Remember the first time you held your baby in your arms? Were you excited? Overwhelmed? Anxious? Did you ask yourself, “Holy cow, what have I gotten myself into?”
Somewhere along your journey you realized your baby depends on you 100%. Feeding, diapering, gross and fine motor skill development, language, hygiene, transportation, education and independence are your parental responsibilities.
The journey to foster your child’s independence is somewhat like a roller coaster. Leading your child to independence will be filled with steady upward climbs, rapid descents, quick turns and occasional loop-de-loops. Give these steps a try to foster your child’s independence and remember to smile for the camera!
1. Praise the effort, not the outcome.
You live in a competitive world. Someone’s child is always outperforming yours: reaches milestones faster, scores more points, has higher test scores, gets married and has children before yours. While your child’s outcome might earn you bragging rights, praising the outcome might limit your child’s potential. A study conducted by Carol Dweck, Professor at Stanford showed that children praised for their outcome (versus effort), “enter a fixed mindset, they play it safe in the future and they limit the growth of their talent.” The next time your child finishes, praise the effort, perseverance, leadership or positive attitude. Remember that coming home with the blue ribbon isn’t the end-all-be-all!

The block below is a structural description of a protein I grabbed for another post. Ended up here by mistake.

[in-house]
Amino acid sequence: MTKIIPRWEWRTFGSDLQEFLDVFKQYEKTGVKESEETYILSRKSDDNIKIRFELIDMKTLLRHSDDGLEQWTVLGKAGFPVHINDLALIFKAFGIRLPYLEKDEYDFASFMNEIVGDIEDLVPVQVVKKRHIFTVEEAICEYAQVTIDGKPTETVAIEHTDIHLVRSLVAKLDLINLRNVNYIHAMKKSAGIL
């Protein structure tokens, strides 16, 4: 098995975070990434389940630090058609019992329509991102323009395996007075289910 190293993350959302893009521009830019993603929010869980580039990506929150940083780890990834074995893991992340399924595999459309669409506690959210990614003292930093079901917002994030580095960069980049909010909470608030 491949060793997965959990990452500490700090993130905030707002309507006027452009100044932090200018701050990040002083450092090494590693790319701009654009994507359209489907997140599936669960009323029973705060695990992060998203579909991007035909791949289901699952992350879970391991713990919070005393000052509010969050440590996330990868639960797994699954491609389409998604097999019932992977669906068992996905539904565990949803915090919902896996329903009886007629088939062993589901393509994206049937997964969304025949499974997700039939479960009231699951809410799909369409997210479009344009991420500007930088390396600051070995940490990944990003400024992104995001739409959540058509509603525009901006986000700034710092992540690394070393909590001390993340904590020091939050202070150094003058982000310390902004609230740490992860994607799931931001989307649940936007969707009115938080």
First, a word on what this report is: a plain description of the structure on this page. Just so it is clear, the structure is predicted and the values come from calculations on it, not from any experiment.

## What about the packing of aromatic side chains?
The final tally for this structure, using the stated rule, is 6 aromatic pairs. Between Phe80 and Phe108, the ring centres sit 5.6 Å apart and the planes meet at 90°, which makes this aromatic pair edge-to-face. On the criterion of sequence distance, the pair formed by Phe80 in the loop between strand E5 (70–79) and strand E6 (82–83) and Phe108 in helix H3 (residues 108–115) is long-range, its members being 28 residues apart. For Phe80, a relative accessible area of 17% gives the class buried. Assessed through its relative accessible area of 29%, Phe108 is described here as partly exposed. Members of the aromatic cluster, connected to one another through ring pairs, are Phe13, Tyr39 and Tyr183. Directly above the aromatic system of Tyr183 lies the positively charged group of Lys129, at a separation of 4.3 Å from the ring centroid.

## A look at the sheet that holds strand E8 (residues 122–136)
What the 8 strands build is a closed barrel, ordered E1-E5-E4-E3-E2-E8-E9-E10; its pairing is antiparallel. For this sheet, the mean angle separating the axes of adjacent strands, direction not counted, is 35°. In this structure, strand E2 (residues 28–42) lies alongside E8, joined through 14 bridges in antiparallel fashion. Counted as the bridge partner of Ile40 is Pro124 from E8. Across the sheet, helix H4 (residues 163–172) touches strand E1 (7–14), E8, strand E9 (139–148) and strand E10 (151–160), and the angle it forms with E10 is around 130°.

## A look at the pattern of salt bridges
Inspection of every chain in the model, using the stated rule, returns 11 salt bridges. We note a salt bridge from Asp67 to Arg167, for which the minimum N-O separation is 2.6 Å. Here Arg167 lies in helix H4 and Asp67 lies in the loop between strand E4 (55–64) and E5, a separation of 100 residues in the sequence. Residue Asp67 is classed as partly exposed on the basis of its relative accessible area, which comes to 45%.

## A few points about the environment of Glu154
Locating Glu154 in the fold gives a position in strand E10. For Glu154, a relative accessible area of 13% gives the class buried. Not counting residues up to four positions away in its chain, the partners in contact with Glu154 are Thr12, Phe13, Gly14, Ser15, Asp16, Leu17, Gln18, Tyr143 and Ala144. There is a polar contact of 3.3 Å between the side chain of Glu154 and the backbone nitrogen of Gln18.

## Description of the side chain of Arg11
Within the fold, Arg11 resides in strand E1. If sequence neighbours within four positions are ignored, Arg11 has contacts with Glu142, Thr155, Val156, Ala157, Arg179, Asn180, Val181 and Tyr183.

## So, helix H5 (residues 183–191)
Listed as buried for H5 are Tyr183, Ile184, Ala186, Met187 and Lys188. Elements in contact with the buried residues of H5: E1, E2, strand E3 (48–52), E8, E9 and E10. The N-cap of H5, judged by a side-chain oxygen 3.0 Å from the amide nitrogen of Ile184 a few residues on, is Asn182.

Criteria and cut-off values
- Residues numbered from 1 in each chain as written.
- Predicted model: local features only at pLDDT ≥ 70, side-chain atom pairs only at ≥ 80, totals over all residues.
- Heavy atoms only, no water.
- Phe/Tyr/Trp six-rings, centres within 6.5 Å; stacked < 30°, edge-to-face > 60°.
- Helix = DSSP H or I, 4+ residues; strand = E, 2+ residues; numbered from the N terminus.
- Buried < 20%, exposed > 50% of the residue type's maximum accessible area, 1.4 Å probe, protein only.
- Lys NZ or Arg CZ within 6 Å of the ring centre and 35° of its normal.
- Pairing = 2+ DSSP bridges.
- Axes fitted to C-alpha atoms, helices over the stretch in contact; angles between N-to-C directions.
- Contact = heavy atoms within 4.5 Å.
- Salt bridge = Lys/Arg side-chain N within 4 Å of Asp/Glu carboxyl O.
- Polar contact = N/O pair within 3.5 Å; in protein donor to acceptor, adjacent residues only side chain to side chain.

2. Let your child fail.
Why is failing so important? Learning how to overcome failure is a process that develops character, builds resiliency and fosters independence. Options: you can fix the problem for your child or encourage your child to find a solution. Let your child forget his/her homework. Watch your child have a temper tantrum. Witness your child quit when the going gets tough. THEN, coach your child on how to be responsible, model logical reasoning to your child and demonstrate problem solving. Your child will not only persevere, but will become independent, a winning combination!
3. This is how we roll!
Moms, as you can see by the above photo, sometimes you just need to roll with it. As an A-Type personality, it is not always easy for me to just “roll with it”, but at the same time, my kids need to see that life is messy, chaotic and not prim and proper. After a long week of single parenting (my husband was traveling), I was grateful that my kids could set the table, prepare their own dinner and engage in conversation…their journey to independence. Define how you want your family “to roll” and help your child gain independence.
Being the strongest mom is as much about effort as it is the outcome. You wake up everyday and put your best foot forward reminding yourself it is about progress, not perfection.
You are all special and the strongest moms I know.